Film: Armageddon

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Film:

Armageddon

Director: Michael Bay
Honors:
Genres:
Distributor: Walt Disney Video

The latest testosterone-saturated blow-’em-up from producer Jerry Bruckheimer and director Michael Bay (The Rock, Bad Boys) continues Hollywood’s millennium-fueled fascination with the destruction of our planet. There’s no arguing that the successful duo understands what mainstream American audiences want in their blockbuster movies—loads of loud, eye-popping special effects, rapid- fire pacing, and patriotic flag waving. Bay’s protagonists—the eight crude, lewd, oversexed (but lovable, of course) oil drillers summoned to save the world from a…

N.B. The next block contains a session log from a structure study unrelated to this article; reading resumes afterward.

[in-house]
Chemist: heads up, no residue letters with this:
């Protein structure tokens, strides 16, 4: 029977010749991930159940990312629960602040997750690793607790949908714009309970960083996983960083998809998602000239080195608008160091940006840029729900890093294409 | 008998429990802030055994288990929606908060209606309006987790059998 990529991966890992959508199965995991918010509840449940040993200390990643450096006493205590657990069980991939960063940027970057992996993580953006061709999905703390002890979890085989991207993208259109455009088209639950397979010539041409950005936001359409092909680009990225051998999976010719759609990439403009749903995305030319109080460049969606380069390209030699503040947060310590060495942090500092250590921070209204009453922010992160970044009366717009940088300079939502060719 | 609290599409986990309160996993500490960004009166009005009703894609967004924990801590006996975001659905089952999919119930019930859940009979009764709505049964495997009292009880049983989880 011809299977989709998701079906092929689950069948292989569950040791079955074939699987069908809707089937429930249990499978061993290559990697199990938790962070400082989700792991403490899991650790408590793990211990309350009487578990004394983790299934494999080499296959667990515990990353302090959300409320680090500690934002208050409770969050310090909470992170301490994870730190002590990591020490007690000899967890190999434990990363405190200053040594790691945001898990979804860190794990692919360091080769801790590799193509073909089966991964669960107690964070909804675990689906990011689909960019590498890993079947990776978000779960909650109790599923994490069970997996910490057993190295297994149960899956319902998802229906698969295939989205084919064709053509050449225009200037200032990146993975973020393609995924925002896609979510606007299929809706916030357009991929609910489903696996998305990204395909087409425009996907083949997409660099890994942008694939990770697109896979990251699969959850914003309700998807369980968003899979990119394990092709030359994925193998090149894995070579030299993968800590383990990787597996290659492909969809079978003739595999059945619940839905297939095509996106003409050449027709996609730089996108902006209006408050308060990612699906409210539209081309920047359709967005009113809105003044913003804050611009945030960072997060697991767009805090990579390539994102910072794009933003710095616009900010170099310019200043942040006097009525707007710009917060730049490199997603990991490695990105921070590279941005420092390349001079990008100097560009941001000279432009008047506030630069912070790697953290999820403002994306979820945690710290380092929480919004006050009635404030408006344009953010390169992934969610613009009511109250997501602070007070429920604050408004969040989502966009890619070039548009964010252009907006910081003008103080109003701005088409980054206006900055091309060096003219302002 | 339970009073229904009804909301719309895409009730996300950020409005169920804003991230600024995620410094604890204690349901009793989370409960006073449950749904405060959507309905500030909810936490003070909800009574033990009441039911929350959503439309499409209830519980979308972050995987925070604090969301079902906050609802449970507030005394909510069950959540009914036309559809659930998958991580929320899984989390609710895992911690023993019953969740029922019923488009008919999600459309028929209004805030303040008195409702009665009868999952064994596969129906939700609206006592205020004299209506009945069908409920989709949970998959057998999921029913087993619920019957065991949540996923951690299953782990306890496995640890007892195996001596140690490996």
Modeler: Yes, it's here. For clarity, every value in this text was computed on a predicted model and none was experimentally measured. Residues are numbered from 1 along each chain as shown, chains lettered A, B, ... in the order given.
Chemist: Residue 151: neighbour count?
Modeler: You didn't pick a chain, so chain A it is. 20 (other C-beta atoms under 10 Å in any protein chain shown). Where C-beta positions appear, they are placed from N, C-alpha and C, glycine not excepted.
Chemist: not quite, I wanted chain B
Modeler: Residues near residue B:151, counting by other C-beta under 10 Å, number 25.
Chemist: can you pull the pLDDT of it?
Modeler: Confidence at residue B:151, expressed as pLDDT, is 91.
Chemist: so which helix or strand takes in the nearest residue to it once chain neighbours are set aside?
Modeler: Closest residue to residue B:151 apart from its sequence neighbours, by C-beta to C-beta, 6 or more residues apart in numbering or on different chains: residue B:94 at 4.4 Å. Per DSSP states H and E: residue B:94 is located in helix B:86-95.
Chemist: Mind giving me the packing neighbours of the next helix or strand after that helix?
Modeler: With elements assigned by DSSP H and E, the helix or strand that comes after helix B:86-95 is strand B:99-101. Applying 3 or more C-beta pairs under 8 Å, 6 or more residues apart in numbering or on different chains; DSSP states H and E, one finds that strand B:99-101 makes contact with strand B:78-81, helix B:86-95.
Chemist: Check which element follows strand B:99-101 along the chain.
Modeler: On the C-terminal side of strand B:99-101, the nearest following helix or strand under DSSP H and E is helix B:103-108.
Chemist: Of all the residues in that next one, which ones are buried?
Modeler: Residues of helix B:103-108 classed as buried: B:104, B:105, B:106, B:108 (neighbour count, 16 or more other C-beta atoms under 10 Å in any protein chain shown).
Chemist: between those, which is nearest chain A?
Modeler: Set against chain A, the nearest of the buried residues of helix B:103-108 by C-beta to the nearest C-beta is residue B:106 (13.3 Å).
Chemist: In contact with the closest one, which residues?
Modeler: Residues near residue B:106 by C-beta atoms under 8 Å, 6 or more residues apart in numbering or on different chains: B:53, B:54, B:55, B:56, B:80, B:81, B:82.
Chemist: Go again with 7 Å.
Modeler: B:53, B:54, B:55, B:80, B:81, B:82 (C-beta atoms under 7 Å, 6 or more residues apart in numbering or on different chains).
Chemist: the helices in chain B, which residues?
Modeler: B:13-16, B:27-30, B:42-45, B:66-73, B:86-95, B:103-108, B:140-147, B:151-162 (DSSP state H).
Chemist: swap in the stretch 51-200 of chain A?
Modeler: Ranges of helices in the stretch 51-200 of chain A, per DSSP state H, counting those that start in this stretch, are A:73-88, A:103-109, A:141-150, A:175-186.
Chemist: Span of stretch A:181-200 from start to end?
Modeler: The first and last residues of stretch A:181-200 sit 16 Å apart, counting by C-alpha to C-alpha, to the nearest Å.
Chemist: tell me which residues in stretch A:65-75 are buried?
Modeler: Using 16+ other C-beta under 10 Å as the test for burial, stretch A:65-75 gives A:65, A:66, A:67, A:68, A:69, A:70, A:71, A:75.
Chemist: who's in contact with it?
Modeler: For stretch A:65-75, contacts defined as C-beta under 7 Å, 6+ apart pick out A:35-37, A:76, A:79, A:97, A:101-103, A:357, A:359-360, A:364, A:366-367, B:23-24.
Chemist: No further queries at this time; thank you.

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The latest testosterone-saturated blow-’em-up from producer Jerry Bruckheimer and director Michael Bay (The Rock, Bad Boys) continues Hollywood’s millennium-fueled fascination with the destruction of our planet. There’s no arguing that the successful duo understands what mainstream American audiences want in their blockbuster movies—loads of loud, eye-popping special effects, rapid- fire pacing, and patriotic flag waving. Bay’s protagonists—the eight crude, lewd, oversexed (but lovable, of course) oil drillers summoned to save the world from a Texas-sized meteor hurling toward the earth—are not flawless heroes, but common men with whom all can relate. In this huge Western-in-space soap opera, they’re American cowboys turned astronauts. Sci-fi buffs will appreciate Bay’s fetishizing of technology, even though it’s apparent he doesn’t understand it as anything more than flashing lights and shiny gadgets. Smartly, the duo also tries to lure the art-house crowd, raiding the local indie acting stable and populating the film with guys like Steve Buscemi, Billy Bob Thornton, Owen Wilson, and Michael Duncan, all adding needed touches of humor and charisma. When Bay applies his sledgehammer aesthetics to the action portions of the film, it’s mindless fun; it’s only when Armageddon tackles humanity that it becomes truly offensive. Not since Mississippi Burning have racial and cultural stereotypes been substituted for characters so blatantly—African Americans, Japanese, Chinese, Scottish, Samoans, Muslims, French…if it’s not white and American, Bay simplifies it. Or, make that white male America; the film features only three notable females—four if you count the meteor, who’s constantly referred to as a “bitch that needs drillin’,” but she’s a hell of a lot more developed and unpredictable than the other women characters combined. Sure, Bay’s film creates some tension and contains some visceral moments, but if he can’t create any redeemable characters outside of those in space, what’s the point of saving the planet? —Dave McCoy

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